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Subject: Re: Couple of chess programming questions

Author: Robert Hyatt

Date: 10:40:54 09/10/02

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On September 10, 2002 at 09:26:14, Eli Liang wrote:

>A couple of chess programming questions:
>
>(1) Are there any uses for ProbCut and/or Multi-ProbCut in chess positions where
>the variance of leaf-nodes is low?  What about the use of Warren Smith's BPIP or
>Russell&Wefald's meta-greedy algorithms in chess?  Any wins?
>
>(2) Is it practical to use partial-order bounding as an improvement over
>conventional static evaluation?
>
>(3) Reading Aske Plaat's search & re-search paper, it really seems like mtd(f)
>is something of a magic bullet.  But I note it seems that more programs don't
>use it than do (for example Crafty).  What is wrong with mtd(f) which Plaat
>doesn't say?

Nothing.  It is more an issue of a program.  mtd(f) does several searches
using a null-window to bracket the true score.  If you can do a couple of these
and be done, you win big.  If it takes several searches to hone in on the final
score, then you might not win at all.

It is all about how many re-searches you have to do to get the true score,
and that is a function of how your evaluation varies from iteration to
iteration.  For example, if you see your score vary by .3 from iteration to
iteration, then the score from iteration X will be considerably off from the
score at iteration X+1.  And it will take several re-searches to "find" the
new best score, which then changes again the next iteration.

That's a killer.  If your eval doesn't fluctuate that significantly, then
it should be able to "win" for you...

>
>(4) What are the current thoughts concerning bitboards/rotated-bitboards versus
>conventional 0x88 or other algorithms?  Just looking at open source chess
>programs, it doesn't seem that the chess programming community has come to a
>consensus on relative performance... or have you?

I think that on normal PC hardware, bitboards are "break-even".  They have
their good parts and their downsides.  When you move to 64 bit processors,
the good stays and the downside goes away, leaving them a clear winner.  How
much of a winner is a big question.  Current thinking is 30%, or thereabouts.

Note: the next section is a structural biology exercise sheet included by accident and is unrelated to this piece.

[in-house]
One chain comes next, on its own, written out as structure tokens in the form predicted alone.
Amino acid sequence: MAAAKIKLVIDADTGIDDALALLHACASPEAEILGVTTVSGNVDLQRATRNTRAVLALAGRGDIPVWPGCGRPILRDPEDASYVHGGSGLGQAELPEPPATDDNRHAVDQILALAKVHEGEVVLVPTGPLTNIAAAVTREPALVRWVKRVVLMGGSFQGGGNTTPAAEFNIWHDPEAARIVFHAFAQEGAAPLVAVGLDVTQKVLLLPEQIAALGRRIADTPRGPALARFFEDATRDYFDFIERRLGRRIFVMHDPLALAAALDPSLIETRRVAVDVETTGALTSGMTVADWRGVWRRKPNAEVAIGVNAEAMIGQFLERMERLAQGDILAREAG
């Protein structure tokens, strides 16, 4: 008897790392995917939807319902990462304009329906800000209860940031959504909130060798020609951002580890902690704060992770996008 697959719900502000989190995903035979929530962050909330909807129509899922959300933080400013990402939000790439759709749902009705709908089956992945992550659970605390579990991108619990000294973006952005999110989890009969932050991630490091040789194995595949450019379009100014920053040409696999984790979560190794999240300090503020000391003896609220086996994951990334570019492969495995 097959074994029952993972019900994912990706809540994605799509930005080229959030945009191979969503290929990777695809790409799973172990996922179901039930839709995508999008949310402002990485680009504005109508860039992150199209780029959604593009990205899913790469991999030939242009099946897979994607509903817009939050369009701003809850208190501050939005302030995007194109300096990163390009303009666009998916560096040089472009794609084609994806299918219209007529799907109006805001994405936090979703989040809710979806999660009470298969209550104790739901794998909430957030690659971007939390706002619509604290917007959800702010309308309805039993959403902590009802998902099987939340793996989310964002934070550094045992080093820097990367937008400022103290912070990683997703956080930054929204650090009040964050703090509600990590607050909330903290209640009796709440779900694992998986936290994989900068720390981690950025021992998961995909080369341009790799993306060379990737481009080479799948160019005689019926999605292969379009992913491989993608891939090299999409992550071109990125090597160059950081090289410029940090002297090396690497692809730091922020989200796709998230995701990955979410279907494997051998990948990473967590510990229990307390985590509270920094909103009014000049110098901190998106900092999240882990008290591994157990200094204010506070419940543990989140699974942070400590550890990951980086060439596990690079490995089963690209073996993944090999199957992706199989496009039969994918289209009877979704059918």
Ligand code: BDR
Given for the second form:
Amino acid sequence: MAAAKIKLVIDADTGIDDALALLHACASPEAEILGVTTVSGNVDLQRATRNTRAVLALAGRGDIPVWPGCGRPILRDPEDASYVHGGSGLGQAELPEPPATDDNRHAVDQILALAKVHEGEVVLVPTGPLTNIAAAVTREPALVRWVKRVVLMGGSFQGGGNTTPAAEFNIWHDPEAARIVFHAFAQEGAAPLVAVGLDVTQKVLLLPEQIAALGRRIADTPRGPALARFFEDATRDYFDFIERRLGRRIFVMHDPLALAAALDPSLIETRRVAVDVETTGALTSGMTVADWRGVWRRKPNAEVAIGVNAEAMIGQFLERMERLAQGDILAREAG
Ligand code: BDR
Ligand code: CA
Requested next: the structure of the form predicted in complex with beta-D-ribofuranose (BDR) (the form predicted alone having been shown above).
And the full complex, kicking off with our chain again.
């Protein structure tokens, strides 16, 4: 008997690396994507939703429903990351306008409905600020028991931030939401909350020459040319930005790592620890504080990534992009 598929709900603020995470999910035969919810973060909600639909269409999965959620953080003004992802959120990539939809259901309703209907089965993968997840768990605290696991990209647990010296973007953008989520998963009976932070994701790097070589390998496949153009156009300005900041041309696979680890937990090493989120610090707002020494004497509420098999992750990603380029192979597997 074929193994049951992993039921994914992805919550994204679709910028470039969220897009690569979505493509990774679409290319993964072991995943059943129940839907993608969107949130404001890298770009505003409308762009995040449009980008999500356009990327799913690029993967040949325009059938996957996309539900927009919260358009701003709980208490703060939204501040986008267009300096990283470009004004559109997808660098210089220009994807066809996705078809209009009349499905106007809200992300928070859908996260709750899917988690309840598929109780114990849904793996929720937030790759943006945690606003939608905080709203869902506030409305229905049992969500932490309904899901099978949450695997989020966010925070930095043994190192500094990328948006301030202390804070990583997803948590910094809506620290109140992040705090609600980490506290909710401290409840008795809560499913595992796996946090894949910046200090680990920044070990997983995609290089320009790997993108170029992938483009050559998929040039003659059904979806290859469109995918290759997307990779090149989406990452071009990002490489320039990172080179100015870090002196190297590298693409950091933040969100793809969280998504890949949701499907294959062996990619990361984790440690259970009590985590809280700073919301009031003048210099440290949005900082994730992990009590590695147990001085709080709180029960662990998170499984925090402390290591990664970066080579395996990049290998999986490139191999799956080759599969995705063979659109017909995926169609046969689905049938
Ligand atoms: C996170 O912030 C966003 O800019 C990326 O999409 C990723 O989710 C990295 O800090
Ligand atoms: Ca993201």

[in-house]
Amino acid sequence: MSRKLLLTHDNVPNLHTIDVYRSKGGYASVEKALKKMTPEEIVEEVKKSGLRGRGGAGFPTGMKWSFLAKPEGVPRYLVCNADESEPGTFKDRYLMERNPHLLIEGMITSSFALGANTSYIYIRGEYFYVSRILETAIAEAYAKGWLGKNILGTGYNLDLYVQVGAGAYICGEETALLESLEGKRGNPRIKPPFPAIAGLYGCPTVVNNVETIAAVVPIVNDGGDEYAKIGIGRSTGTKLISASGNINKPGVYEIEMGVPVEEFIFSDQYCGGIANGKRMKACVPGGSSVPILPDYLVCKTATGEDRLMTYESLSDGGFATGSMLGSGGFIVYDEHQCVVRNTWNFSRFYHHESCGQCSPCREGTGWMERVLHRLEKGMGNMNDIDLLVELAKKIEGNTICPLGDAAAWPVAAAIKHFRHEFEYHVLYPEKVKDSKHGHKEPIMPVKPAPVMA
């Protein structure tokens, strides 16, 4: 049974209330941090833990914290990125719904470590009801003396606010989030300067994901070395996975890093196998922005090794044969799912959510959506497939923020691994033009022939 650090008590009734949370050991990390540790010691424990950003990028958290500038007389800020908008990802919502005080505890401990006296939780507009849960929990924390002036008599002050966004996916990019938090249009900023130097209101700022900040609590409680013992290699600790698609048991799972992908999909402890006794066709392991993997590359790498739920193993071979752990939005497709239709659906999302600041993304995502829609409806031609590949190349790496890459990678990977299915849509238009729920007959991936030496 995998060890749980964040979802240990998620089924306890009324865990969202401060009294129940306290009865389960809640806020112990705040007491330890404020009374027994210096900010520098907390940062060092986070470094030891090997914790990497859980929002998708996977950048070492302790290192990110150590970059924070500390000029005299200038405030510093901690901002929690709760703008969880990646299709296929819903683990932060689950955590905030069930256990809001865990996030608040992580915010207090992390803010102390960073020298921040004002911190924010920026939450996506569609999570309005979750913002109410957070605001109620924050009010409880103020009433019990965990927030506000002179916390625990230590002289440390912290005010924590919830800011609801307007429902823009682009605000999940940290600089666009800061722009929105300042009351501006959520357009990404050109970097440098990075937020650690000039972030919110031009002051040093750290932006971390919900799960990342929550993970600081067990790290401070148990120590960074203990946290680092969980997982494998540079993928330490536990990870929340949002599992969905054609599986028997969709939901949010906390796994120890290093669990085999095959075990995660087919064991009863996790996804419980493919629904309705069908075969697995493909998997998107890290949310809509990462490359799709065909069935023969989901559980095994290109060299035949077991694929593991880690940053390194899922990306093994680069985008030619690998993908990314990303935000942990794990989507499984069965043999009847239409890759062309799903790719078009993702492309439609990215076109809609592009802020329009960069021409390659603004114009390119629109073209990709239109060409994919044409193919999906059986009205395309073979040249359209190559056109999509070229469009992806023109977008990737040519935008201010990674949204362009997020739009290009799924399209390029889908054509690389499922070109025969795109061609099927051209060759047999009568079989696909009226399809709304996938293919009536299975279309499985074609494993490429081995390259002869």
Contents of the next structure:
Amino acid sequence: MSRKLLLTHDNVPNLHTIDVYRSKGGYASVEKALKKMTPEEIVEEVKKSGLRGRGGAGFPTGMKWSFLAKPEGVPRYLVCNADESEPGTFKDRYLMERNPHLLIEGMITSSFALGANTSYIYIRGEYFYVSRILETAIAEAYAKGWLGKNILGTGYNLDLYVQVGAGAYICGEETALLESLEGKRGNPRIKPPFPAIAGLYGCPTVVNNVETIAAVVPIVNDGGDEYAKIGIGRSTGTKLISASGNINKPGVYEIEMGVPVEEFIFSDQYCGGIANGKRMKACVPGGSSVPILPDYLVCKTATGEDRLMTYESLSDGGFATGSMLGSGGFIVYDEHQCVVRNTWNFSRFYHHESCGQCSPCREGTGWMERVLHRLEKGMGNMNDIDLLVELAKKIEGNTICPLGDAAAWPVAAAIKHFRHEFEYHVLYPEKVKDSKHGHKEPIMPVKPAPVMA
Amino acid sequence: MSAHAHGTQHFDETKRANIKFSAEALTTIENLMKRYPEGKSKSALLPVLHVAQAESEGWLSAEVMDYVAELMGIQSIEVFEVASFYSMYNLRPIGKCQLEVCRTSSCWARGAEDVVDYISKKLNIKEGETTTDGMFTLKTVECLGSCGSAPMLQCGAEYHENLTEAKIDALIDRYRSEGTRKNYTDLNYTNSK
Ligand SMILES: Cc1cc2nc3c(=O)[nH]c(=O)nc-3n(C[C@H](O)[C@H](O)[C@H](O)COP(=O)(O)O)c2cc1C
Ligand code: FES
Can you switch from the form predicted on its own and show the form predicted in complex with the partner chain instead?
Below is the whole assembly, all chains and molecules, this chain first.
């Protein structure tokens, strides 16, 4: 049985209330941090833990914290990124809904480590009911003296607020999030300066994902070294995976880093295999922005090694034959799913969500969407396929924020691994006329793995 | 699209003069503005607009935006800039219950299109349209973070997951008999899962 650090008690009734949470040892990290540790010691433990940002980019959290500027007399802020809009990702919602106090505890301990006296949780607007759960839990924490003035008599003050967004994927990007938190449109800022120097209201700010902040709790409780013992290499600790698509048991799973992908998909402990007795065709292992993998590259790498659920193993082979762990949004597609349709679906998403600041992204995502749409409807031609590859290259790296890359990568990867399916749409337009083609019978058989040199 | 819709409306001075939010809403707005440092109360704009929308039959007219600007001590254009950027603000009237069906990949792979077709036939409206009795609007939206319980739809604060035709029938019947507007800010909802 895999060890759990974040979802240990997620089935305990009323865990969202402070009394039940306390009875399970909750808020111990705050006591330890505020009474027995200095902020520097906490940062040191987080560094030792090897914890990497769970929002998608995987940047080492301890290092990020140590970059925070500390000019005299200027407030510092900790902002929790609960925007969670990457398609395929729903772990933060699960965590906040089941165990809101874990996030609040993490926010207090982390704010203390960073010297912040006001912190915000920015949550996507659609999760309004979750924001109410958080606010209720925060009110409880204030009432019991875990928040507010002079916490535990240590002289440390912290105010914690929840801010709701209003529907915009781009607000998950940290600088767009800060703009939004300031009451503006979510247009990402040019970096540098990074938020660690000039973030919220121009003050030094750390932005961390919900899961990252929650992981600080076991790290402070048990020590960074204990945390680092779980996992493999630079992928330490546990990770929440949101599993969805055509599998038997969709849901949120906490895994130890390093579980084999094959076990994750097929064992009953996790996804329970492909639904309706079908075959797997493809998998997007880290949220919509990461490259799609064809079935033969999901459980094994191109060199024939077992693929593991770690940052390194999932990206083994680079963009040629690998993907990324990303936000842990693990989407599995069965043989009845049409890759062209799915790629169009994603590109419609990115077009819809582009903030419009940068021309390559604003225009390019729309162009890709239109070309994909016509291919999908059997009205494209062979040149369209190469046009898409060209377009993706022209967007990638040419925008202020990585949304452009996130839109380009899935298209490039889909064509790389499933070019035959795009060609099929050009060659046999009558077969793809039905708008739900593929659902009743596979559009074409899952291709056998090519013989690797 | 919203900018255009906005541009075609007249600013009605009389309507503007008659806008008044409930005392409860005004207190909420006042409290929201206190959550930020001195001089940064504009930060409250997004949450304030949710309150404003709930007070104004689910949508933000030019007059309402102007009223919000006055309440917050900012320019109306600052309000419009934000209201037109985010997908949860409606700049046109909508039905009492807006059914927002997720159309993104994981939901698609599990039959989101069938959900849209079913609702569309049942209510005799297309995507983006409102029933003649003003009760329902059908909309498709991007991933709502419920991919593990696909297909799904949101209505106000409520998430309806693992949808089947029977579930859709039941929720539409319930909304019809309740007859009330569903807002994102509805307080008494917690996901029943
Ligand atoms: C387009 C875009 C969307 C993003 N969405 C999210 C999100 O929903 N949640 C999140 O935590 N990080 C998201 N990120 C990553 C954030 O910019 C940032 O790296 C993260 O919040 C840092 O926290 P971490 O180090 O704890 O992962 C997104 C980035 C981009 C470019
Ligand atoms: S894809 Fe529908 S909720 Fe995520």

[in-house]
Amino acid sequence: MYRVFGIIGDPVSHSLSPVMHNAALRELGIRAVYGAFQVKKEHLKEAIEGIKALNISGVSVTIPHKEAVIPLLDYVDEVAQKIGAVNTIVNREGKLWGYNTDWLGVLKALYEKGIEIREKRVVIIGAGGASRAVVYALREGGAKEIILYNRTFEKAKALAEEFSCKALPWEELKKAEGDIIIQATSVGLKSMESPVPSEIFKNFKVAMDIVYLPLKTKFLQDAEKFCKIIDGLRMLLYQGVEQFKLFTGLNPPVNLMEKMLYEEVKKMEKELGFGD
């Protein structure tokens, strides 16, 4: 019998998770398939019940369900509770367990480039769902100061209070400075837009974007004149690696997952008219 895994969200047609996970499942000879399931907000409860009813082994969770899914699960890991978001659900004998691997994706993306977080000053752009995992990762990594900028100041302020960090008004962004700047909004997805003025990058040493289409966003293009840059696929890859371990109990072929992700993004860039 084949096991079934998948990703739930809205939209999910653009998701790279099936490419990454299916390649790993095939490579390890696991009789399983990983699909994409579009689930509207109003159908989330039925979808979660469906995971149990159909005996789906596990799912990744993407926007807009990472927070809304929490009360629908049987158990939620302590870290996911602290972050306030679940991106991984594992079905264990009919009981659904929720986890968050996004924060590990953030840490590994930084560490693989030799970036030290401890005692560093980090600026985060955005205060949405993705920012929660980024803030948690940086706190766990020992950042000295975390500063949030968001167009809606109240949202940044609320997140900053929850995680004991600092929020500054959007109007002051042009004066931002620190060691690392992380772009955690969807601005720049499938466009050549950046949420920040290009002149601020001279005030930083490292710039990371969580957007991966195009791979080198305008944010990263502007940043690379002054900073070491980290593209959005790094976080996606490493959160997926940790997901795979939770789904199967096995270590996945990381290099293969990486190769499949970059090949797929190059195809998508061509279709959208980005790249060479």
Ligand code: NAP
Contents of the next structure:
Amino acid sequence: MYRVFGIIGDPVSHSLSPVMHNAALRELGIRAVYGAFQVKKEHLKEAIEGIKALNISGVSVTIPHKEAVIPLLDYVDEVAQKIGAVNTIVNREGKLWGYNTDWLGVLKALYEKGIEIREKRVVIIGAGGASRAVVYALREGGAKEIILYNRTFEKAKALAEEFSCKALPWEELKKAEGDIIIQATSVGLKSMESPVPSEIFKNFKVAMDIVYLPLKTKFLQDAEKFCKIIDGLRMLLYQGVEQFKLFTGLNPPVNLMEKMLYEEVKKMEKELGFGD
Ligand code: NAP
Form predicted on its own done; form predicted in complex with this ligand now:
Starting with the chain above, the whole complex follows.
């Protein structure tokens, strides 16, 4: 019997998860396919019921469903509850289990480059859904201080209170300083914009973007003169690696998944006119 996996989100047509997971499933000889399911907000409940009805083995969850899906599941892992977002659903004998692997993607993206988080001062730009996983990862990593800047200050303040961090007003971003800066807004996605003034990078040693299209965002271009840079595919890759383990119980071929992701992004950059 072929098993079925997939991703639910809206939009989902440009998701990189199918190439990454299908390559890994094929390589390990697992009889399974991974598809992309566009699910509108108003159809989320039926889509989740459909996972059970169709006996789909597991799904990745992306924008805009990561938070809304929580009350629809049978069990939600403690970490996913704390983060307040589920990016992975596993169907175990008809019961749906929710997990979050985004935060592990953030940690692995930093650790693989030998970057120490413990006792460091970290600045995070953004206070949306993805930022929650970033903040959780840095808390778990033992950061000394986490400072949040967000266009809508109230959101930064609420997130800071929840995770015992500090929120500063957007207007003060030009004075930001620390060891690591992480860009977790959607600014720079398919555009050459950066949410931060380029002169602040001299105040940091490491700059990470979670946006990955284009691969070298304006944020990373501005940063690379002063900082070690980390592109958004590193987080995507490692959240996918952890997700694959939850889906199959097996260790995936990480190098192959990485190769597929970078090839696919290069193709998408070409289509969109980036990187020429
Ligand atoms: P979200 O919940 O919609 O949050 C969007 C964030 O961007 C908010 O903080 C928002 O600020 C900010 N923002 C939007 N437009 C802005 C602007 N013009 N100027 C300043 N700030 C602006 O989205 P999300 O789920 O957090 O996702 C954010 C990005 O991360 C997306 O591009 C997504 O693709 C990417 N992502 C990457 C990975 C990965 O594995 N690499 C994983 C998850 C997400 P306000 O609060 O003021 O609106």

>
>(5) What is currently thought to be the best algorithm for autofitting the
>static evaluation function parameters? DT's least-squares approach seems
>simplest, but it seems as if a dozen other things have been tried too.  Is there
>any best-of-breed approach here?

I think _most_ use trial and error testing...


>
>(6) Has anyone found any real "practical" benefits to fractional-ply extensions?

Yes.  It gives you a way of limiting things.  For example you can adopt a
policy of "three triggers means two one-ply extensions" easily.  Set the
increment to 2/3 of a ply and when you hit three of them you get 2 plies.

It also allows you to taper the extensions off as you go deeper in the tree,
to control tree growth/explosion.

>
>(7) Dennis Breuker has a paper comparing 5 different transposition table
>replacement schemes.  Has any else been able to validate his results that
>replacement should be based on the number of nodes searched and not search
>depth?

Hard to say.  The issue will become hash entry size.  You can store "depth" in
a byte.  You will need at least 4 (and really more) bytes for nodes searched.
Your table will therefore be smaller, and _that_ effect was not measured.  Also
I am not convinced that in endgames, nodes searched is the right idea because
of hash hits that cut trees off that have significant depth, but no nodes due
to the hash hit.

I don't know that he addressed that case either, such as the one seen in fine
#70.




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